Well since were talking about my movie I thought I should add my two cents. Amadeus is easily one of my favorites, yet I still have much to learn when it comes to myself. I mean exactly how accurate is this movie? Did I(oke I'll give it up) did Mozart really act that nutty. And why did they cram so much into his final night alive. I mean you had the premiere of the magic flute, then Wolfgang and Salieri attempt to finish the Requiem all in the same night. More importantly did he really act that nutty????

Anyway about IB, I for one thought the movie was great, UNTILL I learned about how damm inaccurate it is. Yet I do believe that Gary Oldman did a pretty good job of portraying the great one, and it does give you a good idea of how the man lived, but why did they make it so inaccurate. Why is there not even any mention of Brentano, or Brunswick or Brunsvick(not sure on the spelling), the two most likely candidates for the infamous letter. That in itself just bugs the hell out of me.

Another thing about IB, first off it wasnt long enough. But then again with it being so inaccurate maybe thats for the better. Also in the scene where his sister in law comes to his bed and he signs over the right to her son Karl, he rights on a piece of paper something like "Must it be? and she repliys It must be? for the longest time I was trying to figure what the hell this really meant, then I finally read that throughout B's life these to statements were part of an inside joke that he shared with many of his friends. Dosent tell you that in IB. Among this there are obviously other problems just like Amadeus has.

Again was he really that nutty? Did Costanze and Leopold really dislike one another? Isnt it a mystery of who the requiem was supoosed to be written for, Does Salieri have anything to do with it?

To conclude, despite the problems with Amadeus(not knowing exactly how big they are)It is still a great film and one of my favs. Cant say the same for IB. We are still waiting for the Great film based on the life of Beethoven, and I mean everything. From his child hood, to his adolescence studying with Neefe, to Haydn, to the scene of him on his death bed trying to compose the tenth. EVERYTHYING. Spare no detail and make it three hours if you have to.Get Gary Oldman again, I think he did a dam good job with IB. I mean why is Hollywood waiting on this one, you have the makings of an enormous blockbuster:
1. Lifestory of the greatest composer to ever live.
2. Same guy who composes the most beatiful music ever written also cant hear, for a good portion of his life. Quite IRONIC.
3. One of the most truly romantic stories to have ever exist. obviously the IB letter.
4. TRUE STORY. If what youre watching actually happened at some point of time it makes it all much more interesting. Titanic perfect example of this. Do you think it would still be the all time biggest money maker in the theaters if the viewers weren't watching a piece of history?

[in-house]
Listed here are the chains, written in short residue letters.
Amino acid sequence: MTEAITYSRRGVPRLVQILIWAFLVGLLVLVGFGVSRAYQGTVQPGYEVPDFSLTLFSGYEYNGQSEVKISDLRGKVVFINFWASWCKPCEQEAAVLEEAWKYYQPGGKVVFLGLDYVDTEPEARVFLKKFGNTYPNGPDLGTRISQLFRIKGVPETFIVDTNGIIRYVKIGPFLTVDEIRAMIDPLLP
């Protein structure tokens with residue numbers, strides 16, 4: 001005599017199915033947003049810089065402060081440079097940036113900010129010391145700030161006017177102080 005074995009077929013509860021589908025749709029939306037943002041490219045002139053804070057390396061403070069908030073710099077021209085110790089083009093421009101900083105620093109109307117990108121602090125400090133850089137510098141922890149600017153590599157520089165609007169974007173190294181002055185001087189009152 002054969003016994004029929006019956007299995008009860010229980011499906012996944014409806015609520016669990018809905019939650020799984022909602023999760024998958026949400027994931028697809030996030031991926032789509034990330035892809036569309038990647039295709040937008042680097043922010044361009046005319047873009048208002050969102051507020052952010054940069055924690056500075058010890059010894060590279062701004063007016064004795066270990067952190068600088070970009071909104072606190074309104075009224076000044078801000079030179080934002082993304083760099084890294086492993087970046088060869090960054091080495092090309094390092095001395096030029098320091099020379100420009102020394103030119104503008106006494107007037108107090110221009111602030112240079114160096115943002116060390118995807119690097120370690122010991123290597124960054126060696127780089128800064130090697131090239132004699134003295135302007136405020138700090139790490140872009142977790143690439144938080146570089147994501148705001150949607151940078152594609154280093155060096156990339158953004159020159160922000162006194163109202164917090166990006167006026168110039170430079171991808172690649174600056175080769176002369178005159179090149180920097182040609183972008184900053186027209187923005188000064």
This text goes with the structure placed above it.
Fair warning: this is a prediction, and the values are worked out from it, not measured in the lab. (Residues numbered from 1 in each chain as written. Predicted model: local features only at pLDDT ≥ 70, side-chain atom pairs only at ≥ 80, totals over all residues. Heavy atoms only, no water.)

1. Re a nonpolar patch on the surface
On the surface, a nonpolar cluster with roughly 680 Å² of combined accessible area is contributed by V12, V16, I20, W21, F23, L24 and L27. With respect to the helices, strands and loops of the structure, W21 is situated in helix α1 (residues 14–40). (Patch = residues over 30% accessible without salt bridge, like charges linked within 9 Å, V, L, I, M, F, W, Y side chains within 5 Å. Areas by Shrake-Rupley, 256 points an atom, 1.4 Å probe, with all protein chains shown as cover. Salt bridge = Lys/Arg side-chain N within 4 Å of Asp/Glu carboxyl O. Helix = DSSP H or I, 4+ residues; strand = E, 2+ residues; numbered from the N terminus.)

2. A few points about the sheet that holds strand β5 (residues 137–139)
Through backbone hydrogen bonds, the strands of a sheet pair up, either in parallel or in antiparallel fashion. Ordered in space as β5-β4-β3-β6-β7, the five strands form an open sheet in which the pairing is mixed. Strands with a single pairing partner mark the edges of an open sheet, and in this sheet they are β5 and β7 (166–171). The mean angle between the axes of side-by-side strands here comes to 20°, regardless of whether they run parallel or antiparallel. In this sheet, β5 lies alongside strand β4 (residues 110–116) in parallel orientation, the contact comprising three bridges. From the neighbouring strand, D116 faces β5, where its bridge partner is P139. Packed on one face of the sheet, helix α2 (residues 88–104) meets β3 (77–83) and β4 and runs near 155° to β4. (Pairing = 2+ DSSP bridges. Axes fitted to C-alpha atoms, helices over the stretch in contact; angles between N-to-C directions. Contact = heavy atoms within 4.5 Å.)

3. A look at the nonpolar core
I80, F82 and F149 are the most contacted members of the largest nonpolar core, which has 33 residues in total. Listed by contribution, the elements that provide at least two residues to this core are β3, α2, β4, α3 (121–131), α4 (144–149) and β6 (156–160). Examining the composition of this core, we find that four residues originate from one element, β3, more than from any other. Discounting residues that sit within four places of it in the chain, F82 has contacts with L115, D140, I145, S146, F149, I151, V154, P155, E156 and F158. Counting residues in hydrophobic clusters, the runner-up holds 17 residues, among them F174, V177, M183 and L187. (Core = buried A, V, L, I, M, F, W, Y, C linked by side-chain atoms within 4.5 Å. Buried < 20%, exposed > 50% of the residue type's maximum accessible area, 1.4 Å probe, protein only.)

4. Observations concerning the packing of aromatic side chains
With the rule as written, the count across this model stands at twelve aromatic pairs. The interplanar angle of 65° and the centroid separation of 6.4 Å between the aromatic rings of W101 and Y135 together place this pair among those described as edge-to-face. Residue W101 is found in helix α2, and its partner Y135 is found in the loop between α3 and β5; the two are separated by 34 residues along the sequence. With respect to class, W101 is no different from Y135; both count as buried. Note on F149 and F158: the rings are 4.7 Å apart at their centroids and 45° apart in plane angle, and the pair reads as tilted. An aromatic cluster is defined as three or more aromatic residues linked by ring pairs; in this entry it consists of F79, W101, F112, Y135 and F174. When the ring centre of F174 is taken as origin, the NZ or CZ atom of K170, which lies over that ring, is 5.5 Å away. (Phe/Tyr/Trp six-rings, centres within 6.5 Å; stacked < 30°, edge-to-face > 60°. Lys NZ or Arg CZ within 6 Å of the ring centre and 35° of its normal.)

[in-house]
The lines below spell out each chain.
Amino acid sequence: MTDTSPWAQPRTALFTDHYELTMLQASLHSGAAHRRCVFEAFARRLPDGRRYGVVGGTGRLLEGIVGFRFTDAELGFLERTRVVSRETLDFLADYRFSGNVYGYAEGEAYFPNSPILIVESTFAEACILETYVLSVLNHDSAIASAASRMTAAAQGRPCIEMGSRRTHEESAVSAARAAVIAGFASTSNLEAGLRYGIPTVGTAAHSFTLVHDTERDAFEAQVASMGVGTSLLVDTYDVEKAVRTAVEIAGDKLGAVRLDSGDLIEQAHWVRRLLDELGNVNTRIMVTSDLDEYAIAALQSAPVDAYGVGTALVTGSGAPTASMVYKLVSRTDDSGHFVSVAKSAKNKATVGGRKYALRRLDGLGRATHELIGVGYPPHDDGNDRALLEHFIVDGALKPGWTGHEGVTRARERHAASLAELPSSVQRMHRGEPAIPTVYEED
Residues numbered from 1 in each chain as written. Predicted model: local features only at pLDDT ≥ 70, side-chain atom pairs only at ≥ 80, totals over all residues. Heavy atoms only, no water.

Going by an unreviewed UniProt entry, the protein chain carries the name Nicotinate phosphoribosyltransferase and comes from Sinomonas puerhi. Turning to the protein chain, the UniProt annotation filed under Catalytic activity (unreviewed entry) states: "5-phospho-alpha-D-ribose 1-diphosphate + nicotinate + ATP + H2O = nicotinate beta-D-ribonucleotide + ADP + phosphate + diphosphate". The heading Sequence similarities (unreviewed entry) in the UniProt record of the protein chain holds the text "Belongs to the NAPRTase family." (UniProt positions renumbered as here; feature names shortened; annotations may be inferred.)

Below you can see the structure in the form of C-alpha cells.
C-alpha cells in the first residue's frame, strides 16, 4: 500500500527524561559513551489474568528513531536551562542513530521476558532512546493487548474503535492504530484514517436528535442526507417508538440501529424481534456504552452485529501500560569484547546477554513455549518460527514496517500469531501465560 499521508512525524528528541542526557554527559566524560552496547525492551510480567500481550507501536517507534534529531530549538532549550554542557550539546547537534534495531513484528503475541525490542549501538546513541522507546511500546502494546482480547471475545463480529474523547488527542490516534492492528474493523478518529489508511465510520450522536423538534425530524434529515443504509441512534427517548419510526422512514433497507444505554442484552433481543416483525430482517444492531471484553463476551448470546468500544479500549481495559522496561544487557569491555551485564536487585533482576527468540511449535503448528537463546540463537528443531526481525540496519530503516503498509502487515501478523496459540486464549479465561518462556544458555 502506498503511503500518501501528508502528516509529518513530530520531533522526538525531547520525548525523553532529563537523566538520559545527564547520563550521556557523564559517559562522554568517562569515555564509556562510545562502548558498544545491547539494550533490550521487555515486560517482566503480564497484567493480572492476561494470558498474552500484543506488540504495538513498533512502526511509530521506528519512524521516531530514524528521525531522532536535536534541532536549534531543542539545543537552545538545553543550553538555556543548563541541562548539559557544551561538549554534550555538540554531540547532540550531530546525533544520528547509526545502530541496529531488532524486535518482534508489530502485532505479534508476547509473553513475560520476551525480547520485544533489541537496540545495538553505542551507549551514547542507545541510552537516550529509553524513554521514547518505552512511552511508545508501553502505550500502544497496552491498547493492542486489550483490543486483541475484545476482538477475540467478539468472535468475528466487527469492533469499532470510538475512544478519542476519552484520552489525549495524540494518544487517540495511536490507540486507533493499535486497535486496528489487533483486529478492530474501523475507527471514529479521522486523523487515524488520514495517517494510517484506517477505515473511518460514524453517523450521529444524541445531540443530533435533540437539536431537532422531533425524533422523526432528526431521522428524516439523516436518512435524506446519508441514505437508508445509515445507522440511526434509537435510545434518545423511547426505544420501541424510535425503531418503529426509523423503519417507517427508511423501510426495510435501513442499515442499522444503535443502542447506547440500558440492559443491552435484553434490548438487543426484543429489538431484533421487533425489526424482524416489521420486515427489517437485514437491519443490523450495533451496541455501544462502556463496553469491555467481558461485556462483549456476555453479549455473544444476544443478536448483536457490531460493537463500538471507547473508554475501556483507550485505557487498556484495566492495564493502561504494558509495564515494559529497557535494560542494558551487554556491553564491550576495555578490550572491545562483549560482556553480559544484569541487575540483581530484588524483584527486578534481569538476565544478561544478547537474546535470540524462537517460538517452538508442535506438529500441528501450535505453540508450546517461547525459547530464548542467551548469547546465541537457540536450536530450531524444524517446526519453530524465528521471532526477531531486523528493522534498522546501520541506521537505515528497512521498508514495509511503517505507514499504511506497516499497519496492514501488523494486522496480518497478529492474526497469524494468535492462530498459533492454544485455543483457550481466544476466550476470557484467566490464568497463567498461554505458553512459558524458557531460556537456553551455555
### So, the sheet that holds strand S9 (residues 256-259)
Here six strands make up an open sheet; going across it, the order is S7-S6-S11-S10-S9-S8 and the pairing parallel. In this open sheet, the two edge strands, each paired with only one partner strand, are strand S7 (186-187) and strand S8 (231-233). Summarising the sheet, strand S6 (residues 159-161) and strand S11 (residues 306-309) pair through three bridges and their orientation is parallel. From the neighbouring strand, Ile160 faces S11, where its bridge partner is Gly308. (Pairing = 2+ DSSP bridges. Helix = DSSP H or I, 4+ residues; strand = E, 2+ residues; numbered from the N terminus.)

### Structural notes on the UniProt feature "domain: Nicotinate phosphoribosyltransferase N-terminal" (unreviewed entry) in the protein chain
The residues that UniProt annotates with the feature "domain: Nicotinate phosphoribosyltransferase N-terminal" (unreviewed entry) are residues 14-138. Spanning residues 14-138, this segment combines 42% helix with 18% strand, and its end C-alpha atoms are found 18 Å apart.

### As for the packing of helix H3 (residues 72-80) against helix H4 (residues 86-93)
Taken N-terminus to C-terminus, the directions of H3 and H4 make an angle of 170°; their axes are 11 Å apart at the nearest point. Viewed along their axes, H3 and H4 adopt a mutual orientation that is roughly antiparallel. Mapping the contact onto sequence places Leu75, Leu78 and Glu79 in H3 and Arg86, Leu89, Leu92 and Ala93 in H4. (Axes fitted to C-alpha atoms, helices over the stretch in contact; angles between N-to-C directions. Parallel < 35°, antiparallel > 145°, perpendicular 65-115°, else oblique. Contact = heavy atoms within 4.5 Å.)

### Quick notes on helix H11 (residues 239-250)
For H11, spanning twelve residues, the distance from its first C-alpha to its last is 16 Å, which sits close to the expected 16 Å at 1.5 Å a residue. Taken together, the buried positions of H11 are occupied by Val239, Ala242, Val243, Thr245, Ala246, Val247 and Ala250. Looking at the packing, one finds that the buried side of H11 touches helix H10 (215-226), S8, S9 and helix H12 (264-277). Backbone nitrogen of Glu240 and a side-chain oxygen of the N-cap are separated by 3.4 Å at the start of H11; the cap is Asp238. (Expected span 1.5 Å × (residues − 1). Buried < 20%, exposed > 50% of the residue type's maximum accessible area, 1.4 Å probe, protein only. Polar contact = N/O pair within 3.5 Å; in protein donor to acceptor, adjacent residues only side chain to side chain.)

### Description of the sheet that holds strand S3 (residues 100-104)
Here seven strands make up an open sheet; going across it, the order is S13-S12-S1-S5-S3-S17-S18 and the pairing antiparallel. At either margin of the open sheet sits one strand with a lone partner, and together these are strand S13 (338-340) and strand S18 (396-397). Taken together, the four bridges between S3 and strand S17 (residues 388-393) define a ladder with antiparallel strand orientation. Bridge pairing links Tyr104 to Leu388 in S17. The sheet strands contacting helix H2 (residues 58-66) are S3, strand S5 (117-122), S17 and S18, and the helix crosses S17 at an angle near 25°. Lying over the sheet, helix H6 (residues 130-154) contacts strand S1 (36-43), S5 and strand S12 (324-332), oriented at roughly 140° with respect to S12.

Anyway I cant wait for someone over there to wake up and get this sucker moving, Its something I reall y look forward to, just hope its not to far away.

P.S. Am I the only one who really wanted to see a scene In Amadeus that had the encounter of Mozart and Beethoven. I mean how often can the two greatest musical minds in history be together in the same room at the same time, let alone the fact that supposedly Beethoven really impressed Mozart with his skills, especially his improvisational skills. Its just something I think they could've added to the film.

~Leslie
01-11-2001, 11:16 AM
amadeus:
Did I(oke I'll give it up) did Mozart really act that nutty?.


You mean did he really have that incessant giggle? <g>



Also in the scene where his sister in law comes to his bed and he signs over the right to her son Karl, he rights on a piece of paper something like "Must it be? and she repliys It must be? for the longest time I was trying to figure what the hell this really meant, then I finally read that throughout B's life these to statements were part of an inside joke that he shared with many of his friends.

Amadeus,ye got me there, I thought it was a direct reference to the 3rd letter:

"- Yes, I am resolved to wander so long away from you until I can fly to your arms and say that I am really at home with you, and can send my soul enwrapped in you into the land of spirits - Yes, unhappily it must be so - "


Did Constanze and Leopold really dislike one another?

Leopold did not approve of Mozart's marriage to Constanze Weber. After reading Marcia Davenport's biography of Mozart, I'd have to say Leopold was a bit of a control freak.

We are still waiting for the Great film based on the life of Beethoven, and I mean everything. From his child hood, to his adolescence studying with Neefe, to Haydn, to the scene of him on his death bed trying to compose the tenth.

Be sure to read this forum's input on our imaginary film, Beethoven, The Movie.


P.S. Am I the only one who really wanted to see a scene In Amadeus that had the encounter of Mozart and Beethoven?.

No, you're not. #:^ )


~Cheers

Rod
01-11-2001, 12:37 PM
Originally posted by ~Leslie:


We are still waiting for the Great film based on the life of Beethoven, and I mean everything. From his child hood, to his adolescence studying with Neefe, to Haydn, to the scene of him on his death bed trying to compose the tenth.